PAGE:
A fire erupted at Canada’s only underground coal mine Sunday night, following years of safety concerns for workers.
No employees were underground during the fire at Cape Breton’s Donkin coal mine, and the Nova Scotia Department of Labour is currently investigating the cause. At a press conference on Monday afternoon, the department confirmed the fire happened underground but added officials don’t know what started it.
The mine is contentious in the small community. Unemployment rates in Cape Breton usually hover in the double digits — typically double that of mainland Nova Scotia — and some welcome the mining jobs. Others say the safety and environmental risks warrant a permanent shutdown and that the province should support safer employment opportunities.
While the province couldn’t confirm the cause of the fire, local councillor James Edwards told the CBC the mine's conveyor belt system was involved. The company, Kameron Coal, did not return a request for comment.
The mine reopened last September after closing in 2020 when more than a dozen roof cave-ins prompted a series of on-and-off stop-work orders from the province. Between September 2022 and April 2023, the mine received 23 warnings, 28 compliance orders and 11 administrative penalties, all violations of the province’s Occupational Health and Safety Act.
Some of those safety infractions pertained to the conveyor belt, including multiple instances of its pull cord not being maintained properly. The cord stops the conveyor if something goes wrong, explained Gary Taje, a retired underground miner and longtime international staff representative at United Mine Workers of America.
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Other violations had to do with methane monitoring and fire hazards.
“Some of the infractions that the inspection department brought up pointed exactly to something like this happening. So, I'm not going to say that the company wanted this fire to happen, but I won't call it accidental,” he said.
“I really hope that this is a bit of a wakeup call for that company to start looking after all the little things you should be looking at to prevent the ignition of anything.”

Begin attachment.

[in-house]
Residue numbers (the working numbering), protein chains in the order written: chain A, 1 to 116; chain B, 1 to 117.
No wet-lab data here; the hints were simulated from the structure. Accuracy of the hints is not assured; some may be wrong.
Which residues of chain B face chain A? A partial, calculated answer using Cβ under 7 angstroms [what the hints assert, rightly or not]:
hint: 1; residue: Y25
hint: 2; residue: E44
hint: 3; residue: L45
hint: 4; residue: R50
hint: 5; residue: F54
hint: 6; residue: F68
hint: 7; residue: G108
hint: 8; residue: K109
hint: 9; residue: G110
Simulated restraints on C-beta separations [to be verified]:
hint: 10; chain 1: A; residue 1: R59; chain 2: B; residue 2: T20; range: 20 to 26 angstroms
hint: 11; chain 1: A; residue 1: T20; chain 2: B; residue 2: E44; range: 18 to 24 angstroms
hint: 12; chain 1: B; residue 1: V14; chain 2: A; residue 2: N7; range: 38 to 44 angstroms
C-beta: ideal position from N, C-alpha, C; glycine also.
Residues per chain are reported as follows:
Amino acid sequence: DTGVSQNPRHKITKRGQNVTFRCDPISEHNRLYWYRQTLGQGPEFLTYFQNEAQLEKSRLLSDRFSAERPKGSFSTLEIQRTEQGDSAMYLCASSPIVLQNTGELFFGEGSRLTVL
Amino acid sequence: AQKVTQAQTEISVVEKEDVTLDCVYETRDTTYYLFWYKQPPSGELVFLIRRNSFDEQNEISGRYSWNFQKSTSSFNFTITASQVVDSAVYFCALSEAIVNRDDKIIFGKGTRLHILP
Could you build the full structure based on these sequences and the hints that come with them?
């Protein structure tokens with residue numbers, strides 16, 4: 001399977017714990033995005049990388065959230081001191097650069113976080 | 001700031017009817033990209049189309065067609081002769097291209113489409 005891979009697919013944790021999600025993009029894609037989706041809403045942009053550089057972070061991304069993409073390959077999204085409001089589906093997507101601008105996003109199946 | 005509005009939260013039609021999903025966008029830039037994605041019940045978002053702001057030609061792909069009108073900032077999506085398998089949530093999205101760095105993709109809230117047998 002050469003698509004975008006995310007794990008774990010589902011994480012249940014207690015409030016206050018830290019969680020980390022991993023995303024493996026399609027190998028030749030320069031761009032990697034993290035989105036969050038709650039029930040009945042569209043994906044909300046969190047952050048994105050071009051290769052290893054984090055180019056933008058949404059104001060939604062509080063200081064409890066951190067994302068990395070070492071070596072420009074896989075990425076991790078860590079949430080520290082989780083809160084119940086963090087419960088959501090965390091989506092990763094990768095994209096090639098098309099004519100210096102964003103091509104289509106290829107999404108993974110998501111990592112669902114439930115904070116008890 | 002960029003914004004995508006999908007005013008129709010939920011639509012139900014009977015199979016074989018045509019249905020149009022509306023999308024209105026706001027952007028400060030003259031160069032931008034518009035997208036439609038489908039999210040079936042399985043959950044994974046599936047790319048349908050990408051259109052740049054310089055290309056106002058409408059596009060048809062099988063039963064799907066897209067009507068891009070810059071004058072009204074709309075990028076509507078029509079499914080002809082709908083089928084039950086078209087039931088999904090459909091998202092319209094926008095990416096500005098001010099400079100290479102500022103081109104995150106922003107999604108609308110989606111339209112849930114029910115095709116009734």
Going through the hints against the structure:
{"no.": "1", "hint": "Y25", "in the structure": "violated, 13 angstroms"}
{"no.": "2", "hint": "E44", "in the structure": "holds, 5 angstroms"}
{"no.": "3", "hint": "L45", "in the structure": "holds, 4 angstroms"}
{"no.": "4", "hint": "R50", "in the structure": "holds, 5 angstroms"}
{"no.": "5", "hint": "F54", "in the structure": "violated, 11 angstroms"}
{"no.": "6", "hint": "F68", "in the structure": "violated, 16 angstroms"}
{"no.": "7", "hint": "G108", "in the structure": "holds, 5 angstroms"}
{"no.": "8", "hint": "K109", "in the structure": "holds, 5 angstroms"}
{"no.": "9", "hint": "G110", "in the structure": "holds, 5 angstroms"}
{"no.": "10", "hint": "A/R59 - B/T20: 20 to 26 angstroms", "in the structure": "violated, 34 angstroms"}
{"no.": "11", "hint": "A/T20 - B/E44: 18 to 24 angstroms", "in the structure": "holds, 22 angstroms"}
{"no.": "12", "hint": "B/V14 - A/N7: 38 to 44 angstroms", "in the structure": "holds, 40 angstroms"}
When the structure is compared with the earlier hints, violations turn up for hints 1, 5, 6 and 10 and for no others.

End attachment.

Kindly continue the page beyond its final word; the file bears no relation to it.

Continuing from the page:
Stop-work order issued
A stop-work order was issued Sunday night by the province for all production work at the mine, Gary O’Toole, senior executive director for the province’s safety branch, said at a Zoom meeting with reporters.
“We won't rescind that order until we're satisfied that there's … compliance with all the safety rules,” he said. “Like all Nova Scotians, of course, we're concerned when we hear that there's a report of a fire in a mine, and so we are currently investigating the incident.”
The provincial government did not provide a timeline for the investigation but stressed that the site is closely monitored by the province, which is partly why there is a high volume of safety infractions.
“This is one of the most regulated and most visited work sites in Nova Scotia from a safety perspective,” said O’Toole. “And so, the corresponding number of orders and penalties should not be surprising to anyone, and it's really because we're paying attention to all the details.”
Province denies industrial approval appeal
Meanwhile, a national environmental group’s appeal calling for Donkin’s industrial approval to be overturned has been denied. In December, Donkin got the green light to operate the mine until the end of 2029 from Nova Scotia’s Environment and Climate Change Department.
The Sierra Club highlighted concerns around greenhouse gas emissions, a lack of monitoring, noise pollution, coal trucking and wetland loss. Noise from the ventilation fans at the Donkin mine has been impacting some residents' sleep and overall well-being for years.
The rejection letter from Nova Scotia Environment Minister Tim Halman says a study from Cape Breton University noise expert Sarah Barnes “does not definitively identify the mine as the source of the release of tonal noise components.”
Tynette Deveaux of the Sierra Club’s Beyond Coal Atlantic campaign calls that a “slap” for community members, and says the rejection — paired with the slew of safety issues — is part of an overall lack of oversight at the Donkin mine.
“The word 'infraction' or 'compliance order’ really doesn't do justice to the kinds of things that are happening in the mine — that shouldn't be happening, that are endangering workers’ lives and endangering the local community,” she said.
“Those plumes of smoke (Sunday) night will have an impact for the local watershed, for wildlife, for residents.”